Why uid != username

Due to various problems with Ubuntu Server, I’m migrating our server at the shop to CentOS.  Part of that migration included copying over the chroot environments that we use for PXE booting.  When it comes to copying large amounts of data over the network, especially when the permissions and ownership of that data is crucial, rsync is always my goto tool.  It can use compression to save network bandwidth, uses delta copies for files that are already copied but have changes, and has options to delete files from the destination that don’t exist in the source.  On the whole, rsync is pretty easy to use as well and the man page has EXCELLENT examples.  Here’s a simplified version of what I was using (the real one uses ssh tricks to get rsync to run as sudo on the other end):

rsync -avz 192.16 8.1.14:/nfsrootmav/ /nfsrootmav/

Looks good, right?  What this tells rsync to do is copy recursively and maintain ownership/permissions (-a), use verbose output messages (-v), and use compression during the copy (-z).  I ran this command and all my files copied happily and without complaint.  When I tried to test the copied chroot environment, however, it wasn’t quite right.  When I tried to shut the computer down (booted to the chroot over PXE) it logged out of Gnome instead.  The shutdown command in GDM didn’t work either.

I knew that the only difference between the original and the copy is that the copy…had been copied.  This lead me in the direction of permissions, though I couldn’t understand why they’d be different if rsync was running in archive mode.  I tried running diff on `ls` dumps of the original vs. the copied directories, but I never really got the outputs on the different servers right for the diff to tell me everything I wanted to know.  What I did glean from my diff was that if I looked at the uid’s and gid’s of the files numerically, the original and copy had different ownerships on some files!

What?  How could that be?  Then it occurred to me…I had copied the chroot from the host OS, not from within the chroot.  It turns out that by default rsync copies the user and group owners of a file by name, not uid and gid.  That makes sense, doesn’t it?  If I have a file that’s owned by, say, “messagebus” on one computer and I copy it to another, I want it to be owned by “messagebus” on the other computer too even if the “messagebus” user has a different numeric uid.  It went wrong here because files are stored with a numeric uid/gid, and any time an operation requests or sets the text user/group then they are simply looked up in /etc/passwd or /etc/group.  The files in my chroot had users that matched uids in it’s own /etc/passwd, but rsync was referencing the host OS’s /etc/passwd.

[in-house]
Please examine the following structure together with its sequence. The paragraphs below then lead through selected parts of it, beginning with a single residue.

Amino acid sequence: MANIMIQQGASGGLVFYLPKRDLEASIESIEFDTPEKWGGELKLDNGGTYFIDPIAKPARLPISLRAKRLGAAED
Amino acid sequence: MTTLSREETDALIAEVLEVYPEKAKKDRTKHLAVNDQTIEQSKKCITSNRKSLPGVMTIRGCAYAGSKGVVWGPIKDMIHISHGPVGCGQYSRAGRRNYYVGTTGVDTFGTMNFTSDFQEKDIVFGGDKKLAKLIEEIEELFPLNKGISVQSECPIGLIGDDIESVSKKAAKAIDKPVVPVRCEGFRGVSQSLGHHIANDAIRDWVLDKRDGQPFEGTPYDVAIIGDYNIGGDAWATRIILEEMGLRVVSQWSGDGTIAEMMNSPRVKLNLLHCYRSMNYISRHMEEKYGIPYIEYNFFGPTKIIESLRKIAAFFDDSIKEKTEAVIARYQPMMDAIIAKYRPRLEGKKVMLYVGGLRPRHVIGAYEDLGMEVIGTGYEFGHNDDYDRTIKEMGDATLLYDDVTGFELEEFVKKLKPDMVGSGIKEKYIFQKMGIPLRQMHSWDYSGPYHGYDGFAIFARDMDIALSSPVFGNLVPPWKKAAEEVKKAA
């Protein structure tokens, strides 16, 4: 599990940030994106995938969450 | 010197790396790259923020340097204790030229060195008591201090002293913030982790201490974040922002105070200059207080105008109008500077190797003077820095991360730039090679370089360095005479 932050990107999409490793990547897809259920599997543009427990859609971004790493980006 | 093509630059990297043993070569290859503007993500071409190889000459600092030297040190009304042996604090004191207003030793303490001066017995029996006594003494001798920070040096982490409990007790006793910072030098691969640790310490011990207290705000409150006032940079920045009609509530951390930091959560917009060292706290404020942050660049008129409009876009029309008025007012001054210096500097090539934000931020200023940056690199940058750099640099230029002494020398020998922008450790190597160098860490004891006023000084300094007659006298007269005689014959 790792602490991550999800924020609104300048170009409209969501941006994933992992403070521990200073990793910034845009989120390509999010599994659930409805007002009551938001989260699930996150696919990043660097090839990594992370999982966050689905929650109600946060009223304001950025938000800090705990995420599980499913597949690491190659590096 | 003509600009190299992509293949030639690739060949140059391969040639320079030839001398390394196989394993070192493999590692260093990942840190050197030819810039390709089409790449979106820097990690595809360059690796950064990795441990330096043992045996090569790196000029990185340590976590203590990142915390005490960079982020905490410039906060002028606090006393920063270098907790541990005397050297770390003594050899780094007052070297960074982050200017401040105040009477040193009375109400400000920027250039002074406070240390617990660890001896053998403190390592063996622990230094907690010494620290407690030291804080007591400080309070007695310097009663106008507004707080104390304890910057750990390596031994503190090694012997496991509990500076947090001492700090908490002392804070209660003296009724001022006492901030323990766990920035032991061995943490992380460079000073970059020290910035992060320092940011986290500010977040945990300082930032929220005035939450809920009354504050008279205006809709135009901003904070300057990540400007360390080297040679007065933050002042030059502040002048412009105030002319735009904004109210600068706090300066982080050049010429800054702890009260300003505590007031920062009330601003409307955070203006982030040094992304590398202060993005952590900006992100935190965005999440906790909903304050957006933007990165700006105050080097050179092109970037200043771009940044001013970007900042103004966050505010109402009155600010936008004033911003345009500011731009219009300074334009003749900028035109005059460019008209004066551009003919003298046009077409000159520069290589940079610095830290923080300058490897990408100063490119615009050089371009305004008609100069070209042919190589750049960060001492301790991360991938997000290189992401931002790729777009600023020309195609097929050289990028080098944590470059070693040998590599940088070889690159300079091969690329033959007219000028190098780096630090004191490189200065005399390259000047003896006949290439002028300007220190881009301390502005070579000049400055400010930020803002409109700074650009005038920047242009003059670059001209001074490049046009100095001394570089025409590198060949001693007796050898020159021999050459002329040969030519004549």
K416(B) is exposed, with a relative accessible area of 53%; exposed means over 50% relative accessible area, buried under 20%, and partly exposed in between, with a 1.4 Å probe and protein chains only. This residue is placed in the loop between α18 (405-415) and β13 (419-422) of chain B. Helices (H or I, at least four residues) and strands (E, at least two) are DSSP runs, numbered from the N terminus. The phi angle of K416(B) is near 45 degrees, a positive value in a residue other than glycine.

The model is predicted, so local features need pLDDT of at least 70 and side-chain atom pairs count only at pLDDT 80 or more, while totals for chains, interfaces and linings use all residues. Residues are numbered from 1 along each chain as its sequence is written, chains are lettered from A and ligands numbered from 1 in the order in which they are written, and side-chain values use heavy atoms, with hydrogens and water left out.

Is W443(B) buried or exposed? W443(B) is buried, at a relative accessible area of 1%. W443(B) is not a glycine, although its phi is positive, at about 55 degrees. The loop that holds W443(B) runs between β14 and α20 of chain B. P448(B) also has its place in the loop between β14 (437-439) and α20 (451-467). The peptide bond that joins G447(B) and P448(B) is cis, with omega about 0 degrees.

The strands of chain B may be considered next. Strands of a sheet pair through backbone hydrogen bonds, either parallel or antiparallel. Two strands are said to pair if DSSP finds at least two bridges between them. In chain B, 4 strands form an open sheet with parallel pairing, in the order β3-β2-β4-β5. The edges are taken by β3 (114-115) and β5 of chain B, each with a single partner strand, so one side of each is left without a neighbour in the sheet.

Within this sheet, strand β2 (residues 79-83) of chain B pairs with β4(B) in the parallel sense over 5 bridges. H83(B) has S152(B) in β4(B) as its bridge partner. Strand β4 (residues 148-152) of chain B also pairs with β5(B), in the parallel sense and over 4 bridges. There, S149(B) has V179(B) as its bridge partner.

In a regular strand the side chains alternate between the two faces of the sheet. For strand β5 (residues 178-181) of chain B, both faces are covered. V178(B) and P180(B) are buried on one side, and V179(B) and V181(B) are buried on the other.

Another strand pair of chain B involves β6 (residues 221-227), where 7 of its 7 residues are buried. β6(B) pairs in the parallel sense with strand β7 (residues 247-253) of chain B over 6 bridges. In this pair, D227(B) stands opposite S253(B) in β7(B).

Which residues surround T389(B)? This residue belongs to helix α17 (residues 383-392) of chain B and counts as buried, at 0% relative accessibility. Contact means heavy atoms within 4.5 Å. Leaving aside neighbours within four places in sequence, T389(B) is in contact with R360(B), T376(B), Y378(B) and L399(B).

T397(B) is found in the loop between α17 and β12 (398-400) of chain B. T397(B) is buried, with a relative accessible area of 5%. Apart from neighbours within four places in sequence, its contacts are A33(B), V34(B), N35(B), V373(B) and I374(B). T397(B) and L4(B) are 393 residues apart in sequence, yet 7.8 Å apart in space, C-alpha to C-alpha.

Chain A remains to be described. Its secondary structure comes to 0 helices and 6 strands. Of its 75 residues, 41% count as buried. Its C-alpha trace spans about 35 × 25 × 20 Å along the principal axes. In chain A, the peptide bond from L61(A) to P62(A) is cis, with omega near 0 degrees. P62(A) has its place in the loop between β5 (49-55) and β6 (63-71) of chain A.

The solution?  rysnc has an option called “–numeric-ids”.  This will cause rsync to use the numeric uid’s and gid’s directly rather than trying to look up the plain text names.  I added that and my files copied properly.  The PXE-booted computer shutdown as it should and all was well with the world.

I actually never would have had this problem if I’d chrooted into my /nfsrootmav directory and rsynced out from there because rsync would have been looking at the right /etc/passwd and /etc/group, but then I never would have learned this great lesson.


Leave a Reply

Fill in your details below or click an icon to log in:

WordPress.com Logo

You are commenting using your WordPress.com account. Log Out / Change )

Twitter picture

You are commenting using your Twitter account. Log Out / Change )

Facebook photo

You are commenting using your Facebook account. Log Out / Change )

Google+ photo

You are commenting using your Google+ account. Log Out / Change )

Connecting to %s

%d bloggers like this: